Ninth Circuit Upholds Copyright Protection for Batmobile
09/28/2015Last week, the Ninth Circuit Court of Appeals waded into comic-book history and took an in-depth look at what makes a protectable “character” for purposes of copyright law. The court sided with DC Comics, the owner of the copyright in comic-book crime-fighter Batman, in a case focusing on the caped crusader’s signature vehicle, the Batmobile.
Batman made his original appearance in comics in 1939, and the Batmobile appeared not long after, in 1941, but this litigation focused heavily on two specific depictions of the car: the one found in the 1966 Batman television series starring Adam West, and the one found in the 1989 Batman film starring Michael Keaton. The show and movie were created by third parties who received licenses from DC Comics.
The defendant in the case, Mark Towle, through his business, “Gotham Garage,” has been building and selling replicas of, and kits that allow fans to retrofit their cars in homage to, the Batmobile. DC sued Towle in 2011 on claims including copyright infringement, trademark infringement, and unfair business practices. Towle conceded that his designs copied the Batmobile as it appeared in the 1966 show and the 1989 film, and that he had no permission from anyone to do so; his primary defense was that the Batmobile as it appeared in the 1966 show and the 1989 film was not subject to copyright protection.
A federal district court in California granted summary judgment for DC Comics. DC Comics v. Towle, 989 F. Supp. 2d 948 (C.D. Cal. 2013). It concluded, among other things, that although DC did not own the copyrights in the 1966 show and 1989 movie (which were created by licensees), it maintained a copyright in the Batmobile as it appeared in the show and movie because it reserved its rights in the characters and owned the merchandising rights for characters depicted in the movie and show. It also noted that there was some confusion in the case law regarding the legal standard to be used in determining whether visually depicted characters are subject to copyright protection, but analyzed the issue and concluded that the Batmobile was protectable as a character. The district court also granted summary judgment to DC on Towle’s proffered affirmative defense of laches in connection with DC’s trademark claim, noting what it characterized as Towle’s bad faith in intentionally copying the Batmobile and intentionally marketing it to associate it with the Batman films and shows.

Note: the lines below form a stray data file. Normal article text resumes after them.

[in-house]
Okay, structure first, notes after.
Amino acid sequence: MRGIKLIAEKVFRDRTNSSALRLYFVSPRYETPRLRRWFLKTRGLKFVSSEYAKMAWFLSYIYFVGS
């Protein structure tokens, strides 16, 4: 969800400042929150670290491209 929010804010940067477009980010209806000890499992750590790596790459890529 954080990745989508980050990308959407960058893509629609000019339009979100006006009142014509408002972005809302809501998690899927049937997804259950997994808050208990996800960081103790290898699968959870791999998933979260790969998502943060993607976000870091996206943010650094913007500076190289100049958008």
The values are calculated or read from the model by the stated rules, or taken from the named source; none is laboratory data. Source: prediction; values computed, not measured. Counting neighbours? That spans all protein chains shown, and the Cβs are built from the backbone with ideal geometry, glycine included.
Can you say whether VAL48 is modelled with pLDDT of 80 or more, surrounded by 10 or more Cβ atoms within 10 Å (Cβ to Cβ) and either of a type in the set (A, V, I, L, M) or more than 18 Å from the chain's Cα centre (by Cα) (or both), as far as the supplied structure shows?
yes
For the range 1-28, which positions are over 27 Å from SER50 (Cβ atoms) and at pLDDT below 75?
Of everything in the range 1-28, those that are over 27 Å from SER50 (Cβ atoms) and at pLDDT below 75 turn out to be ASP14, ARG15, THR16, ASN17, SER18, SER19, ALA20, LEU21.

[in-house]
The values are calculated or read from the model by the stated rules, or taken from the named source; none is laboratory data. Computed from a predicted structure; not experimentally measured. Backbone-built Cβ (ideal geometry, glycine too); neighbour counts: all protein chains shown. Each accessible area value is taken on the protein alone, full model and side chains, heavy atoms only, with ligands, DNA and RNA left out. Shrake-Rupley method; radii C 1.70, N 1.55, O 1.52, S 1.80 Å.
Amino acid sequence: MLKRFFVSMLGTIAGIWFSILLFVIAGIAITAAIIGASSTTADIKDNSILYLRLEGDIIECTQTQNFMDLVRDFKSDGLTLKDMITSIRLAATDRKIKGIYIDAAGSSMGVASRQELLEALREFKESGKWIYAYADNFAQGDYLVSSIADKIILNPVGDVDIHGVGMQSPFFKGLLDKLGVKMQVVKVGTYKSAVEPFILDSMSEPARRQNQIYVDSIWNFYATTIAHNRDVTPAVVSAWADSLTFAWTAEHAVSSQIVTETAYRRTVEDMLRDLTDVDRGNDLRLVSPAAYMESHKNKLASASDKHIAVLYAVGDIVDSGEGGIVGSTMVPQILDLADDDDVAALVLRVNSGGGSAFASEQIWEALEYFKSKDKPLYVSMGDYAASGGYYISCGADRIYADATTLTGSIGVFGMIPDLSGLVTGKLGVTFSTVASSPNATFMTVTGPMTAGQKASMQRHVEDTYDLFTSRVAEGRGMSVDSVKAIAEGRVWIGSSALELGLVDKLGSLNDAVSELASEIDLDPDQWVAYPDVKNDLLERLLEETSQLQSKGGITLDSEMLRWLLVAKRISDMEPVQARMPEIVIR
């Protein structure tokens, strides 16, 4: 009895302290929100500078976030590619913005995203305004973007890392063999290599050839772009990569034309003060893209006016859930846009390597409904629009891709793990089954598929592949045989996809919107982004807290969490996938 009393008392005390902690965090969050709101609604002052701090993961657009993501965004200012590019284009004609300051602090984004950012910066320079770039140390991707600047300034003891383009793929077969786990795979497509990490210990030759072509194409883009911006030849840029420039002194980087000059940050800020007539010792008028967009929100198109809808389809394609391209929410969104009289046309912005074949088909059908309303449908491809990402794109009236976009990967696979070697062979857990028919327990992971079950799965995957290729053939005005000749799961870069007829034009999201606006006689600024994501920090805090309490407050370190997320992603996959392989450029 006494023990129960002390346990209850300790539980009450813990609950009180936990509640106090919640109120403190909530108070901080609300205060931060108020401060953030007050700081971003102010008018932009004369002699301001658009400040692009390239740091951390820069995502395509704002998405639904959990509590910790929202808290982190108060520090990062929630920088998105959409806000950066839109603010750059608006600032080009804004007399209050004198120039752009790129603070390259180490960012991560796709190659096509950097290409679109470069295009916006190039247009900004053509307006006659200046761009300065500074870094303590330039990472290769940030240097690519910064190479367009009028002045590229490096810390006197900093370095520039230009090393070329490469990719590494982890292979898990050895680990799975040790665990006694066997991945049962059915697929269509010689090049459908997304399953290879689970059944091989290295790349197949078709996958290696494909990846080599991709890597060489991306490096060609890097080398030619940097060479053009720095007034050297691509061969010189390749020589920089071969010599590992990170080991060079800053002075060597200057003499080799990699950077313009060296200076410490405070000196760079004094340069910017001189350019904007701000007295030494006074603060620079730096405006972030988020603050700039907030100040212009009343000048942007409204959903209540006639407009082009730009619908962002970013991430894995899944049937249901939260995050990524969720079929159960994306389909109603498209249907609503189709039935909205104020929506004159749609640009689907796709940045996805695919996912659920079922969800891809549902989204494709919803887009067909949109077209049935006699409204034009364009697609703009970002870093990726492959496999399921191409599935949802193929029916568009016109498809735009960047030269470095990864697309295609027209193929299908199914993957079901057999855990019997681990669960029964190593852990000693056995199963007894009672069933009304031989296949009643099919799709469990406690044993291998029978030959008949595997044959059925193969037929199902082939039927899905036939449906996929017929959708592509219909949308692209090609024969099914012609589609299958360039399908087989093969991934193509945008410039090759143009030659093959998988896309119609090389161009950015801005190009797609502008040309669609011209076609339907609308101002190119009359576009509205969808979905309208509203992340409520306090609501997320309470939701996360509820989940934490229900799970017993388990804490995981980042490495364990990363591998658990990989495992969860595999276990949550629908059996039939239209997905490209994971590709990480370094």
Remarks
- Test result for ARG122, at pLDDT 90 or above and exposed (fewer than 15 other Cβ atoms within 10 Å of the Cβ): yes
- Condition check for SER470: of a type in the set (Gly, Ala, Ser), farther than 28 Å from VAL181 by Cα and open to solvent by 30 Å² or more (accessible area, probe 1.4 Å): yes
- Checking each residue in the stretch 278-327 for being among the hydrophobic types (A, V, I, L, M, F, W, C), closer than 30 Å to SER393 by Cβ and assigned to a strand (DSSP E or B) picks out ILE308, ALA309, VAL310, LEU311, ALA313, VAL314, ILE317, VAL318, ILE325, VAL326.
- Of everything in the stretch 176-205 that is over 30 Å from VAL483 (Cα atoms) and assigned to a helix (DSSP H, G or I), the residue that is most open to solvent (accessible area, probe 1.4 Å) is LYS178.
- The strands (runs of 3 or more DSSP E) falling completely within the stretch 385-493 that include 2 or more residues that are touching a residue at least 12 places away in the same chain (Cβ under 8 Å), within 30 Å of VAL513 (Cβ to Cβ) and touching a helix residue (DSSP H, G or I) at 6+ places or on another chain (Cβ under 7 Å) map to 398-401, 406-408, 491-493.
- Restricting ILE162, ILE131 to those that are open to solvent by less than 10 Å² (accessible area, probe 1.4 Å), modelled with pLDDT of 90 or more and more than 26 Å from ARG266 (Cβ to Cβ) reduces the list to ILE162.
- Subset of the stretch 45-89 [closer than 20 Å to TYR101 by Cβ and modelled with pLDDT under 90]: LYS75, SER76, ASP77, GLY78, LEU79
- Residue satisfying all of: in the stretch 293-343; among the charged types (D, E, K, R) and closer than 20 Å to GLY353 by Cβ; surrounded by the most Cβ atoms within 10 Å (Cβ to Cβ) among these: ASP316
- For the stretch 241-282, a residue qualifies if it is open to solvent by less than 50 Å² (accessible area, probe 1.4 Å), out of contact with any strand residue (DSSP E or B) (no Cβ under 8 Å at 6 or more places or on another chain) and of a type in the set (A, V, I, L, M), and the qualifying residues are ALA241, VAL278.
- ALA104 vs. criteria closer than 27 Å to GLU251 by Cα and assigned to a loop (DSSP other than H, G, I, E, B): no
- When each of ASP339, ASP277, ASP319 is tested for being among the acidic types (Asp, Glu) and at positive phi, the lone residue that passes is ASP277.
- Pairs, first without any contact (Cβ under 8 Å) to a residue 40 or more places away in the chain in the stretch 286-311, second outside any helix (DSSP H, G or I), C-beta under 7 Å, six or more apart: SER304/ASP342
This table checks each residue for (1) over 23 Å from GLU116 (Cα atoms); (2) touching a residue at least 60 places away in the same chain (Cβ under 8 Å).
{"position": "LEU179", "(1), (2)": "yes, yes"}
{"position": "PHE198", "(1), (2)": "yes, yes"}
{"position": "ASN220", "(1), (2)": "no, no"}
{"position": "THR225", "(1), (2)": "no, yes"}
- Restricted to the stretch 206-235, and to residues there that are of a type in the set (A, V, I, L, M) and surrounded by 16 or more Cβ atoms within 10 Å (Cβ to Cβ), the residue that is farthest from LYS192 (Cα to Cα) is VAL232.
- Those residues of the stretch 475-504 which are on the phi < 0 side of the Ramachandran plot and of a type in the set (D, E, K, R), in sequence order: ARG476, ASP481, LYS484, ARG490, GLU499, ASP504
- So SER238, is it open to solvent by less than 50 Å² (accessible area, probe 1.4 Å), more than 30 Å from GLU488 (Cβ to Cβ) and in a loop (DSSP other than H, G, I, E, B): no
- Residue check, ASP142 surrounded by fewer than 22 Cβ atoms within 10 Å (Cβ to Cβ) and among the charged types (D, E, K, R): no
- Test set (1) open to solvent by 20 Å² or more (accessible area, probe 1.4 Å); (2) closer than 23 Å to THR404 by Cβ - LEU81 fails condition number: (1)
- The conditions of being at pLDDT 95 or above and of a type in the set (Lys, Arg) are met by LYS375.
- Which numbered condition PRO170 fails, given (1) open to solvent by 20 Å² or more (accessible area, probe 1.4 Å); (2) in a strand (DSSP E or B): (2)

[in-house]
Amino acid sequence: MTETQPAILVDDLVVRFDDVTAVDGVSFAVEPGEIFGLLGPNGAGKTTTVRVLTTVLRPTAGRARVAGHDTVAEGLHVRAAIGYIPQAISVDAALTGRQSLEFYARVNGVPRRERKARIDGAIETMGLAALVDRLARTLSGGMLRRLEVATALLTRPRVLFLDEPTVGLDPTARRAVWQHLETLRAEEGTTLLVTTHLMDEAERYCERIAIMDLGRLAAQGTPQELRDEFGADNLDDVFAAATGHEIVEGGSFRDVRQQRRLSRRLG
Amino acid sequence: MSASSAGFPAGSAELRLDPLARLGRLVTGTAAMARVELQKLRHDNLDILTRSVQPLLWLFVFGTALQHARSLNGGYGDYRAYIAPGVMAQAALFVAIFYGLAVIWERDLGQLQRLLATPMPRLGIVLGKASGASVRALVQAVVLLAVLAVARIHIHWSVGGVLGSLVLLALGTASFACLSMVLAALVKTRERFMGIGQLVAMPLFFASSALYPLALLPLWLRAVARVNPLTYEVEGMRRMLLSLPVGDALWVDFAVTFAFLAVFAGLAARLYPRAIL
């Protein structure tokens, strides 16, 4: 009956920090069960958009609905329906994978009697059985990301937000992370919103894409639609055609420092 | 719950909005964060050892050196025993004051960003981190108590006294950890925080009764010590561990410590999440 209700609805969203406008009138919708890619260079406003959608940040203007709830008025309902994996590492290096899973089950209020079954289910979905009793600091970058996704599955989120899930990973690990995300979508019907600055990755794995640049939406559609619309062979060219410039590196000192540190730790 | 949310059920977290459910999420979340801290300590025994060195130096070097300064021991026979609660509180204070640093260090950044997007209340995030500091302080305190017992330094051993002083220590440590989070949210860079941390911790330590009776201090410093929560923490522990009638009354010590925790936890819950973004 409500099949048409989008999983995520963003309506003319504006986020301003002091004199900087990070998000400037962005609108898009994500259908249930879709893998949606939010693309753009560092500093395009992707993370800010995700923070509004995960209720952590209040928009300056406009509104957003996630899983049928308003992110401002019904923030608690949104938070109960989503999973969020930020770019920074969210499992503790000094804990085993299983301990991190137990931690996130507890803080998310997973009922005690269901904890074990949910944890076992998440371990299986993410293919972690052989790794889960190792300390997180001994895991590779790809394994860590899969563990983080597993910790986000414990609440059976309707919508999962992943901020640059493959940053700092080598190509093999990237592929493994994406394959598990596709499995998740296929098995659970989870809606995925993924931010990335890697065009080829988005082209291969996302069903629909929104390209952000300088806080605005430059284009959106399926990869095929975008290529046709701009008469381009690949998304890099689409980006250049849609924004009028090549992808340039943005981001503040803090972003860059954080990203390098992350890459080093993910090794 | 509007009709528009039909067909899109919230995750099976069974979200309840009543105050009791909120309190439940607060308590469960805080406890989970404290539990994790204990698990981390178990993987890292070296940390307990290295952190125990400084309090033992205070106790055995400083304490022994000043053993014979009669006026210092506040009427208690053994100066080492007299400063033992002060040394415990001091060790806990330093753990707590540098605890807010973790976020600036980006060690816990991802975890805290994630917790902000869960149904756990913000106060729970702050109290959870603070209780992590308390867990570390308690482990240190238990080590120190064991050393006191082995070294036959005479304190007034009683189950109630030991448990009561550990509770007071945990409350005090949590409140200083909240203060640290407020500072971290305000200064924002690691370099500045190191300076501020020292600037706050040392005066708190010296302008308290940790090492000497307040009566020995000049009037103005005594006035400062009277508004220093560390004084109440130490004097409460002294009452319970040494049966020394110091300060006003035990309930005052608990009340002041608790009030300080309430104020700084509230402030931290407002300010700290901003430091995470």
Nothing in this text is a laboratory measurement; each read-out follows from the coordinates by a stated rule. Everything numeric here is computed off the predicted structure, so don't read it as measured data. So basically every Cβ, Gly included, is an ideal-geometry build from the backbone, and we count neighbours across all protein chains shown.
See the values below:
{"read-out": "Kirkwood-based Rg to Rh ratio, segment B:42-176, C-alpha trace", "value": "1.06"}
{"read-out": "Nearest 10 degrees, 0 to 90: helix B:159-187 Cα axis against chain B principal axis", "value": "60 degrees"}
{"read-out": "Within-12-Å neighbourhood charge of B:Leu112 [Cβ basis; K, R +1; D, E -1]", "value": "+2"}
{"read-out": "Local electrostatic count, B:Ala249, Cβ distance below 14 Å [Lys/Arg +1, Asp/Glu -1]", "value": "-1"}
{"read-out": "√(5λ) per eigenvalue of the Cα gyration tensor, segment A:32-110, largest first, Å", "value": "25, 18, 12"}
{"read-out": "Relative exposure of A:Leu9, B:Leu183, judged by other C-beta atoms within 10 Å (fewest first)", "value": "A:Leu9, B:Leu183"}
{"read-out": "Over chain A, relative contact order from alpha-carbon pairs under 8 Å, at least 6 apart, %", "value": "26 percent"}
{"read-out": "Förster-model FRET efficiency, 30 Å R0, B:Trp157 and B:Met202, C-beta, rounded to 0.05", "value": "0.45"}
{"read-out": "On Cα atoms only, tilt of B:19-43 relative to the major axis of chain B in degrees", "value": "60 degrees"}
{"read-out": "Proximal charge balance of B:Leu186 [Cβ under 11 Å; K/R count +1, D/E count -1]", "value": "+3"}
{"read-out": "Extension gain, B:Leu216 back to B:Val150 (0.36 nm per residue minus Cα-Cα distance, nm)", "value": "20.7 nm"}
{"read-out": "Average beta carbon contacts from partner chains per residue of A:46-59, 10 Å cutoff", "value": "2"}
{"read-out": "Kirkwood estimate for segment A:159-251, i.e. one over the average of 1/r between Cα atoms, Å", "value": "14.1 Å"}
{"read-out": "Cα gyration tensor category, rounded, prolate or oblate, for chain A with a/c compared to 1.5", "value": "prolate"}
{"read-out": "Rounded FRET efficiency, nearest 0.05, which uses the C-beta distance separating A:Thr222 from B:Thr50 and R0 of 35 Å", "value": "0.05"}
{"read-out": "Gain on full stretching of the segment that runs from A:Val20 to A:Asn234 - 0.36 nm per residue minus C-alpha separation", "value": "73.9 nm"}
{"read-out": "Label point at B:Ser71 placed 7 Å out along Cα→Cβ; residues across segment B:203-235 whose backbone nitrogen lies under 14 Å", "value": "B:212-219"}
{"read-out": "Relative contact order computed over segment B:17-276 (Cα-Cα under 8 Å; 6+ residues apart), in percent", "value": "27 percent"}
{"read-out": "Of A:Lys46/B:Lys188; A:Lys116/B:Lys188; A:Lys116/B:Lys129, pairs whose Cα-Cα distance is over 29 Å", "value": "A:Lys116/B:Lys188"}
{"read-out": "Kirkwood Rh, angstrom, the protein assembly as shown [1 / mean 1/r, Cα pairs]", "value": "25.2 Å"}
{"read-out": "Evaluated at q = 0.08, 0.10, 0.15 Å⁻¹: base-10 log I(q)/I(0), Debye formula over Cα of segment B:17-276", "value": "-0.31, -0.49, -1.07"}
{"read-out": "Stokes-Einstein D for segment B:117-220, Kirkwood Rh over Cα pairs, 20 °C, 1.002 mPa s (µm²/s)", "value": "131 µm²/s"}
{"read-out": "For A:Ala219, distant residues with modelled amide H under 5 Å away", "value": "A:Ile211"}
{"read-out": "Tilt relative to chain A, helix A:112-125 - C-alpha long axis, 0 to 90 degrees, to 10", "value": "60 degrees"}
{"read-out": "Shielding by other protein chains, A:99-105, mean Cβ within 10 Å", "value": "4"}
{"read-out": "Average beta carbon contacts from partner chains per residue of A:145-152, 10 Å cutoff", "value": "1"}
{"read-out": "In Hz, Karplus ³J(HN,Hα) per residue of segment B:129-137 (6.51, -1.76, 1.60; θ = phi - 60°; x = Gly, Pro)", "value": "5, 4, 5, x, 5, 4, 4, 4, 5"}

On appeal, the Ninth Circuit also sided with DC, and took the opportunity to clarify the state of the law on copyright protection for visually depicted characters. In a unanimous opinion authored by Judge Sandra Ikuta, the court tackled the issue of whether DC owned a copyright in the Batmobile as it appeared in the 1966 show and 1989 movie, and if so, whether Towle infringed that copyright. Generally, copyright protects not only a comic book work as a whole, but also “sufficiently distinctive” elements of the work. Courts have noted that, unlike purely literary characters, characters in comic books, television shows, and movies generally have “physical as well as conceptual qualities” and often contain unique elements of expression. That does not mean that every character in a comic book, television show, or movie is protected by copyright, though; the key is that the character must be “especially distinctive,” displaying “consistent, widely identifiable traits.”